New Hampshire House of Representatives Speaker Sherman Packard has made his pitch to the Kittery Trading Post to consider moving over the border, too, in a May 3 letter to the business’ vice president, Fox Keim. He called Mills’ decision to let the three-day waiting period bill become law “unfortunate” for the U.S. Route 1 business. 

“I imagine this has caused unnecessary stress for you and the nearly 350 people your family business employs,” Packard wrote to Keim. “The Kittery Trading Post has, for many generations, been the go-to destination for outdoor and avid recreation enthusiasts, and New Hampshire is one of the best places to pursue those activities. Your business would excel here in the Granite State where we still believe in and will always fight to preserve and defend Second Amendment rights.

“We eagerly encourage you to come to New Hampshire where we consistently rank as the best place in which to do business, we are the safest place in the nation, and we do not have a 5.5% sales tax,” Packard added. “We are not afraid to slam the door on reckless legislation that undermines private businesses. The door to freedom is just across the border — and New Hampshire is always open for business.”

The Kittery Trading Post already operates a gun exchange in neighboring Portsmouth, New Hampshire on the Route 1 Bypass.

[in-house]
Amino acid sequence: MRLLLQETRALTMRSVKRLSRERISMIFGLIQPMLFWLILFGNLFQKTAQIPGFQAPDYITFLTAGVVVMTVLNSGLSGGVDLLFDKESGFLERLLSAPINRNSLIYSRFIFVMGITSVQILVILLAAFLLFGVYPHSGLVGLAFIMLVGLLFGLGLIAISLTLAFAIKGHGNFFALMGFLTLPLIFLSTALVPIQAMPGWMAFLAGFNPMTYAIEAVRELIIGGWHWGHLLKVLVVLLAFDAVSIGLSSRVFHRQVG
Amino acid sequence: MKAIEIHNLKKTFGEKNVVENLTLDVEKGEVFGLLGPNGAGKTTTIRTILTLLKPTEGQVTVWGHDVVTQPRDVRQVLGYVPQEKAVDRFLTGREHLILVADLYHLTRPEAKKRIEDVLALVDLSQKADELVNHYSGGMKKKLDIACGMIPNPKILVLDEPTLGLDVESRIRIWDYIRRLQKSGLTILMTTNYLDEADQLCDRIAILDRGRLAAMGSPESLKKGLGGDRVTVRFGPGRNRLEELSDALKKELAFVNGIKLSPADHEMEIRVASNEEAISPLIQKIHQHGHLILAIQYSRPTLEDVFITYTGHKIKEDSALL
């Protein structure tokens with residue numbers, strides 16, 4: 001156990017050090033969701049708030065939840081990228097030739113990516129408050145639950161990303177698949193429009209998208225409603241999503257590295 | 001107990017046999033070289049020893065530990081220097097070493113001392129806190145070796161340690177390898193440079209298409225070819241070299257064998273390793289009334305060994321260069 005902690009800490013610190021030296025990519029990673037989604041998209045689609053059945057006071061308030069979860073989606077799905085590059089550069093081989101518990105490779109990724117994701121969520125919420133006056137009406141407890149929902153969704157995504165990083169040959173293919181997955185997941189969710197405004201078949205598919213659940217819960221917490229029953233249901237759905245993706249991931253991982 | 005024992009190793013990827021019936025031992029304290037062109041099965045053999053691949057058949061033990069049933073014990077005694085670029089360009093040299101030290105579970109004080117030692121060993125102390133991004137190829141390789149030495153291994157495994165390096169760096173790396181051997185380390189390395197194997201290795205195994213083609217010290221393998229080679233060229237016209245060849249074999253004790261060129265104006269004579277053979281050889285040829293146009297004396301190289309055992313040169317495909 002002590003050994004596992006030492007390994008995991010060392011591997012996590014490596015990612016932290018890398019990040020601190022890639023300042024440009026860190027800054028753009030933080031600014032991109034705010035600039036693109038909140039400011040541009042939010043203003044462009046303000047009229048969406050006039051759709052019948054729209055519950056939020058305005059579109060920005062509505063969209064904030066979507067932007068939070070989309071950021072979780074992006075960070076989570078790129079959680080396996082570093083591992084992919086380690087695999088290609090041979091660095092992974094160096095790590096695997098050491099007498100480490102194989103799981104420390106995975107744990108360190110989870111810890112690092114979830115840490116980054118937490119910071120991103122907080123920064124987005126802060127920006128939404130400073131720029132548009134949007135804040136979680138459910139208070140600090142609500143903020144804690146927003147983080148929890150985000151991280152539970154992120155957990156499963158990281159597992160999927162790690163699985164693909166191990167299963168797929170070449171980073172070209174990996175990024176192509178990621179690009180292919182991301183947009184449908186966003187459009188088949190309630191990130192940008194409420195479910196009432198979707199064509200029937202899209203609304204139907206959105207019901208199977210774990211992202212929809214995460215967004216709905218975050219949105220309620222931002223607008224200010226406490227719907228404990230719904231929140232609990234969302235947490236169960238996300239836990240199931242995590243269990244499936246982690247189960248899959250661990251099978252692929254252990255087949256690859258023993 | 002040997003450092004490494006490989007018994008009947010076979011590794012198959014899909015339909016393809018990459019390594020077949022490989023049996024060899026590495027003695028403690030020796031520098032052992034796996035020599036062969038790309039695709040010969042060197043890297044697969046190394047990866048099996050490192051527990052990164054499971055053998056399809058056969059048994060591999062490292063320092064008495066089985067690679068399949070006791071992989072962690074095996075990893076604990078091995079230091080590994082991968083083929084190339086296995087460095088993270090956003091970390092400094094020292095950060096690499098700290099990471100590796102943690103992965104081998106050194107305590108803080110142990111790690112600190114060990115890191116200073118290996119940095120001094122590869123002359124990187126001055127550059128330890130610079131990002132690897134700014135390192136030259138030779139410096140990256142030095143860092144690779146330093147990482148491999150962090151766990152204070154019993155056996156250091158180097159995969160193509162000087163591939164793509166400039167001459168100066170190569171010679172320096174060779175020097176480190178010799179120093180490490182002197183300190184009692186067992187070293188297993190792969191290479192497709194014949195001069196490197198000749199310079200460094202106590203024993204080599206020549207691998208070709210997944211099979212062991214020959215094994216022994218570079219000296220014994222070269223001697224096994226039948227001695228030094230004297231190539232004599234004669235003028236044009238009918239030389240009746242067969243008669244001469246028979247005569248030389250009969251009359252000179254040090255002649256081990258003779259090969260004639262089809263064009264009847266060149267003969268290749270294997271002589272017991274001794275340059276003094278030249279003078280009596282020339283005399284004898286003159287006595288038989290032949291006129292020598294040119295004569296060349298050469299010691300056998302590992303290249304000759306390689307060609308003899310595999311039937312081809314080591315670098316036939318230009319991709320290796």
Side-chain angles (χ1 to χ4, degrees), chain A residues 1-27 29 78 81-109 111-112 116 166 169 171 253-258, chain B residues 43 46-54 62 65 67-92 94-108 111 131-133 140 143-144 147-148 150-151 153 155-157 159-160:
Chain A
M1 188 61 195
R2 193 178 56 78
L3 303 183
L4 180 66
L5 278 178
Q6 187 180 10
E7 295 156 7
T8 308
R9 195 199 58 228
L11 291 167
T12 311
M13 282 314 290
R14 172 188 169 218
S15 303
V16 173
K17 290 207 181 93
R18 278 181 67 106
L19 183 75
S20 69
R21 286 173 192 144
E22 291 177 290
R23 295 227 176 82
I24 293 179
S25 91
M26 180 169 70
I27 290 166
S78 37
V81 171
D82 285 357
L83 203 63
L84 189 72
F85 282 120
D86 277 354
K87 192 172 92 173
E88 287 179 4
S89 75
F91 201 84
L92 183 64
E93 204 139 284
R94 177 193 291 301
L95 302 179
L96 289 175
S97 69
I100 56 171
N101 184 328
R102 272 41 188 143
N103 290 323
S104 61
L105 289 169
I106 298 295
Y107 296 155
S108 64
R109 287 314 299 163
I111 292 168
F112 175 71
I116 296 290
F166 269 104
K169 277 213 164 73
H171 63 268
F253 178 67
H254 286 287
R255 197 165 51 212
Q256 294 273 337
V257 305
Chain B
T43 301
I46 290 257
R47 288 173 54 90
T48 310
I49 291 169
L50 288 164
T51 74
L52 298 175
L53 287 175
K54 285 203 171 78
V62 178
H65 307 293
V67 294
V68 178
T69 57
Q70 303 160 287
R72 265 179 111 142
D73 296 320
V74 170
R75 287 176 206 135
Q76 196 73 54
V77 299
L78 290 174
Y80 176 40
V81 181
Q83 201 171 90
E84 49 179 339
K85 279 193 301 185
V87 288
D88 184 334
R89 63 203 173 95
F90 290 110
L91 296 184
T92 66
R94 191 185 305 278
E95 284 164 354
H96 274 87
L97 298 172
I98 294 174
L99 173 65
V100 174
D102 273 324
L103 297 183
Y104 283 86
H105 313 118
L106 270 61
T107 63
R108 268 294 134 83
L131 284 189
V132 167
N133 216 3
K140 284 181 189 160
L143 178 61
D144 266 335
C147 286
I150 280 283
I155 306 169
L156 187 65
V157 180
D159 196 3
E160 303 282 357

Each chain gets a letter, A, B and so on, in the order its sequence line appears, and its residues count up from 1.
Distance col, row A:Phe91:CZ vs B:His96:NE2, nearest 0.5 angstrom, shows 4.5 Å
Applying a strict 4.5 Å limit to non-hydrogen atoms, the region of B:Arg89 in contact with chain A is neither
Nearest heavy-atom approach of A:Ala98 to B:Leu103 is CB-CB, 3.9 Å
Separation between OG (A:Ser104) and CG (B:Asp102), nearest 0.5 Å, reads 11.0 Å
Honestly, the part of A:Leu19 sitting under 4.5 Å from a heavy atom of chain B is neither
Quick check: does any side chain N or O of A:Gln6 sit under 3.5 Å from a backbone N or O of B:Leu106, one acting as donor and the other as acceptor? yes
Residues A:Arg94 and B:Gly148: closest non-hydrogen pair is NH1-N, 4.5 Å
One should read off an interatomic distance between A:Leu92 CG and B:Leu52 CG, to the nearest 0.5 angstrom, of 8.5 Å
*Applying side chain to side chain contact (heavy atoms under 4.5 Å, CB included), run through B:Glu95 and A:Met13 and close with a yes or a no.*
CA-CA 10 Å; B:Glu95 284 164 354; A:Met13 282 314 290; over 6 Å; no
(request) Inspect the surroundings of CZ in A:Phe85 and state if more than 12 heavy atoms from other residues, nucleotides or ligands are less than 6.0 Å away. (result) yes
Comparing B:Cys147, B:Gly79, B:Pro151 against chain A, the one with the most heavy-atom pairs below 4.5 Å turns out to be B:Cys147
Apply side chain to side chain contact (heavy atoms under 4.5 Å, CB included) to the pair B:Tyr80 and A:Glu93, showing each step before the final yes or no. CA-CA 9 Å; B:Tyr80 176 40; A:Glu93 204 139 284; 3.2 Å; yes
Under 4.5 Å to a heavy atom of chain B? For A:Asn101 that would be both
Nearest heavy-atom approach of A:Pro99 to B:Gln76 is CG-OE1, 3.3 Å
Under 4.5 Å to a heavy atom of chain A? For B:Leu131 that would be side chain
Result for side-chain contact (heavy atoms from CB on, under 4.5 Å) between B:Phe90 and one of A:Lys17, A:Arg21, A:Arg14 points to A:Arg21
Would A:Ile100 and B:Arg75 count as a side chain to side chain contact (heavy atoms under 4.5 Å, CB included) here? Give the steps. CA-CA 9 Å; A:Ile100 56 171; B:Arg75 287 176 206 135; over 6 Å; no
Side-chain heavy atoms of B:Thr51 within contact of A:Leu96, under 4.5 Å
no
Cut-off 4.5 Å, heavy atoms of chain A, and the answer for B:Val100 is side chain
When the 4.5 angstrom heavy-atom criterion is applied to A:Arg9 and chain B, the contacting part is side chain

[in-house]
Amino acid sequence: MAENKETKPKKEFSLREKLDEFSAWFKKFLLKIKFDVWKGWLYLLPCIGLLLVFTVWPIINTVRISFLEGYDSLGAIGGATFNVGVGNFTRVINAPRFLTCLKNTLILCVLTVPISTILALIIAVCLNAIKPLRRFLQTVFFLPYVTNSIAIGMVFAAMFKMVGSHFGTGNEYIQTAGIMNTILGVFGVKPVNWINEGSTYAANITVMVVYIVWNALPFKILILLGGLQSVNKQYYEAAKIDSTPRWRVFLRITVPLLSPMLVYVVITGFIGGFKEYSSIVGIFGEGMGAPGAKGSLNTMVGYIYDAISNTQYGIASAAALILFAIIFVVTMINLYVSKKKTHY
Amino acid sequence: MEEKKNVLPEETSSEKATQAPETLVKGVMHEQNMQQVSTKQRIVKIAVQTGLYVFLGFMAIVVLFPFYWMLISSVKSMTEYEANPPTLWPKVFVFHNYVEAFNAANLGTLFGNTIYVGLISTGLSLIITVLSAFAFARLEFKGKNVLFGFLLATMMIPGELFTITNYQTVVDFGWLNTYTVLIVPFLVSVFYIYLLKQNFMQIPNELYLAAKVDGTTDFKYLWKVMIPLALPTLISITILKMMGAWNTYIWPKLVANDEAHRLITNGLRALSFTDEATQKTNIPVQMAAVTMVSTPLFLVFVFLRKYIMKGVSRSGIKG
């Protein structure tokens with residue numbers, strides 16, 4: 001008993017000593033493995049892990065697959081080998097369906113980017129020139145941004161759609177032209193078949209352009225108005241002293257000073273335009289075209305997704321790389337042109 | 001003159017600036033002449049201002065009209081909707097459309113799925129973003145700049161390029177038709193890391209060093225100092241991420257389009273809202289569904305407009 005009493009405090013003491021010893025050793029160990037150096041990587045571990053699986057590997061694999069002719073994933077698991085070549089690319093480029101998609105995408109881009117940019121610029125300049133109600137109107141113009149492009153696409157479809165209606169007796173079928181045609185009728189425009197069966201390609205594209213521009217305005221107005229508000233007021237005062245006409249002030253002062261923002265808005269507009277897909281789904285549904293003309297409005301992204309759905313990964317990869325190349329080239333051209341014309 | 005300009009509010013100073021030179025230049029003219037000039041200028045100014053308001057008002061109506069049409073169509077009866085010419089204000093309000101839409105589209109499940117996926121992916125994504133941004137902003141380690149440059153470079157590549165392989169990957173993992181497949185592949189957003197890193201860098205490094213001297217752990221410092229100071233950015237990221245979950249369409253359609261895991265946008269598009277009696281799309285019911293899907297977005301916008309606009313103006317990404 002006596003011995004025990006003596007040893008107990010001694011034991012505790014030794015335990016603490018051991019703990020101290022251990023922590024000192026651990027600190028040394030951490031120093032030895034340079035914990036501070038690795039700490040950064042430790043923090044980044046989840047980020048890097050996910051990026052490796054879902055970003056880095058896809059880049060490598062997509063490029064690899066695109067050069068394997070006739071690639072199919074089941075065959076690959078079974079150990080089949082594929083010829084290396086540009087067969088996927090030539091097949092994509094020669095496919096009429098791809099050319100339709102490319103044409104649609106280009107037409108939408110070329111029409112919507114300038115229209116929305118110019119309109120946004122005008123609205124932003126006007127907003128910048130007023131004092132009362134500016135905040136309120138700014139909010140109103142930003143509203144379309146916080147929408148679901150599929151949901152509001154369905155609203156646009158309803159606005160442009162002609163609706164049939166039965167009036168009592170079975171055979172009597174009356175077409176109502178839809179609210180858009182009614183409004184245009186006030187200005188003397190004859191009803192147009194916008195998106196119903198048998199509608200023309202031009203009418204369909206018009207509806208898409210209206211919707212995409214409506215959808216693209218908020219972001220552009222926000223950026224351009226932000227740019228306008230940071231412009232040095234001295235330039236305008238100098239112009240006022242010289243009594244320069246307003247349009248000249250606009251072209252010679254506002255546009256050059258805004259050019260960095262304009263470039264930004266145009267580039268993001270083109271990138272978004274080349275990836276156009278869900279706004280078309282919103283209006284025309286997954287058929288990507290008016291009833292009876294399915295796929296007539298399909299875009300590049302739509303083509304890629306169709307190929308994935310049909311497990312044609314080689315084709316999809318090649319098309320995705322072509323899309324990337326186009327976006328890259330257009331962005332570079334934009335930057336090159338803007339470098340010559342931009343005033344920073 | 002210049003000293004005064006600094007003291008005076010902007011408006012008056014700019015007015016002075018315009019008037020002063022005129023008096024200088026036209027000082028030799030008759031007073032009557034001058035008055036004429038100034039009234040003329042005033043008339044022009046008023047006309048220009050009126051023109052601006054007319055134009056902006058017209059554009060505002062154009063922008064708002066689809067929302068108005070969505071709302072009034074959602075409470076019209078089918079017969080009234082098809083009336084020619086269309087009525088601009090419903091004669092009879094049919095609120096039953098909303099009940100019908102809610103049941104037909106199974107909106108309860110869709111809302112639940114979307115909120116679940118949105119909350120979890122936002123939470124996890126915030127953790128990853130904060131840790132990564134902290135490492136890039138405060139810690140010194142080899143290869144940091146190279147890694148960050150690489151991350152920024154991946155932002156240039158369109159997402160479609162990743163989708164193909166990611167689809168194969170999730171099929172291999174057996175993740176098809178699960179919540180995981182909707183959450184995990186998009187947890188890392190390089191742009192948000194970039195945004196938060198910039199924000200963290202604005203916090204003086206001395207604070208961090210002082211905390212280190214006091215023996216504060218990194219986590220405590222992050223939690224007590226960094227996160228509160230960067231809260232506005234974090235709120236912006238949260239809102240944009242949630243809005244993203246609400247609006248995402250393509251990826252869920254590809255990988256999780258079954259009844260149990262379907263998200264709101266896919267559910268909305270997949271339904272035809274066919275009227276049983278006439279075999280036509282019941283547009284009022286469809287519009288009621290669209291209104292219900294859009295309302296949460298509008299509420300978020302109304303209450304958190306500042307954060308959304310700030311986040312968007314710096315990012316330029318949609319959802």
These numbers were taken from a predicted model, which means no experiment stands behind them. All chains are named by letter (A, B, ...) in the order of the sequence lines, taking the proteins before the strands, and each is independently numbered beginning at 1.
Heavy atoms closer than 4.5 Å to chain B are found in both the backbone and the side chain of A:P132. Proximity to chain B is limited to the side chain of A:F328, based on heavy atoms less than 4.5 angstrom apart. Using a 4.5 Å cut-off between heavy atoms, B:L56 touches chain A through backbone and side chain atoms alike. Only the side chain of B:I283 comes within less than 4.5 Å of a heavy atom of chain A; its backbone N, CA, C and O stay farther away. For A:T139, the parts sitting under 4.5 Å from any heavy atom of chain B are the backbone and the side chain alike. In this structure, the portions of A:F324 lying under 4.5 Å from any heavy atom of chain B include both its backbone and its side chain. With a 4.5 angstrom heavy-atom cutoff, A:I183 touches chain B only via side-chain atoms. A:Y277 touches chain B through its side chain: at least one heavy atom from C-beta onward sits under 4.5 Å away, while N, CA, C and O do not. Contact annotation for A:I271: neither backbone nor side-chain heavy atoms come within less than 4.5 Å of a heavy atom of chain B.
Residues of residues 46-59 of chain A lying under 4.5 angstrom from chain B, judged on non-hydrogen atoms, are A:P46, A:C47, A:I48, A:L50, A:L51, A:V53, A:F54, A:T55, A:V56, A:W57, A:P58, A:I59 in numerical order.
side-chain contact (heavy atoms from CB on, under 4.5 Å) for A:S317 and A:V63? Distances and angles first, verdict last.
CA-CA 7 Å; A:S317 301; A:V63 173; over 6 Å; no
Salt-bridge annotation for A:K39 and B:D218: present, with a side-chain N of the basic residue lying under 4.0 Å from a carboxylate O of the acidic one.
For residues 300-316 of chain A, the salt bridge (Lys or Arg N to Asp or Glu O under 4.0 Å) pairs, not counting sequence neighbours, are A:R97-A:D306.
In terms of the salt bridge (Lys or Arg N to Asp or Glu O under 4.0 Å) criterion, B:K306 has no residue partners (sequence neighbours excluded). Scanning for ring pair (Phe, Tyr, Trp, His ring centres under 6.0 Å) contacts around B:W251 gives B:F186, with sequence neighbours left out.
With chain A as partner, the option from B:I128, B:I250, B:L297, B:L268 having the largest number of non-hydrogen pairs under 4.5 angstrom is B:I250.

Maine’s 72-hour waiting period gun bill a response to Lewiston mass shooting

Maine’s waiting period bill, LD 2238, was sponsored by state Sen. Peggy Rotundo, a Democrat from Lewiston. It would require firearm sellers who violate the three-day waiting period to pay a civil penalty between $200 and $500 for a first offense before rising to between $500 and $1,000 for all subsequent violations.

The Maine law would not apply to law enforcement officers, correction officers, licensed private security guards, employees of contract security companies nor proprietary security organizations, according to the text of the bill. The sale of guns between federally licensed firearm dealers would also not need to adhere to the waiting period law. 

The Sportsman’s Alliance of Maine released the letter and financial impact statement from the Kittery Trading Post on social media on May 2.

“We just received this very disturbing letter from one of our outdoor partners, Kittery Trading Post,” the organization wrote on social media. “Unless stopped, the 72-hour waiting period bill will lead to the end of an era. Nice job legislators! How many more businesses will be doomed to the same fate?”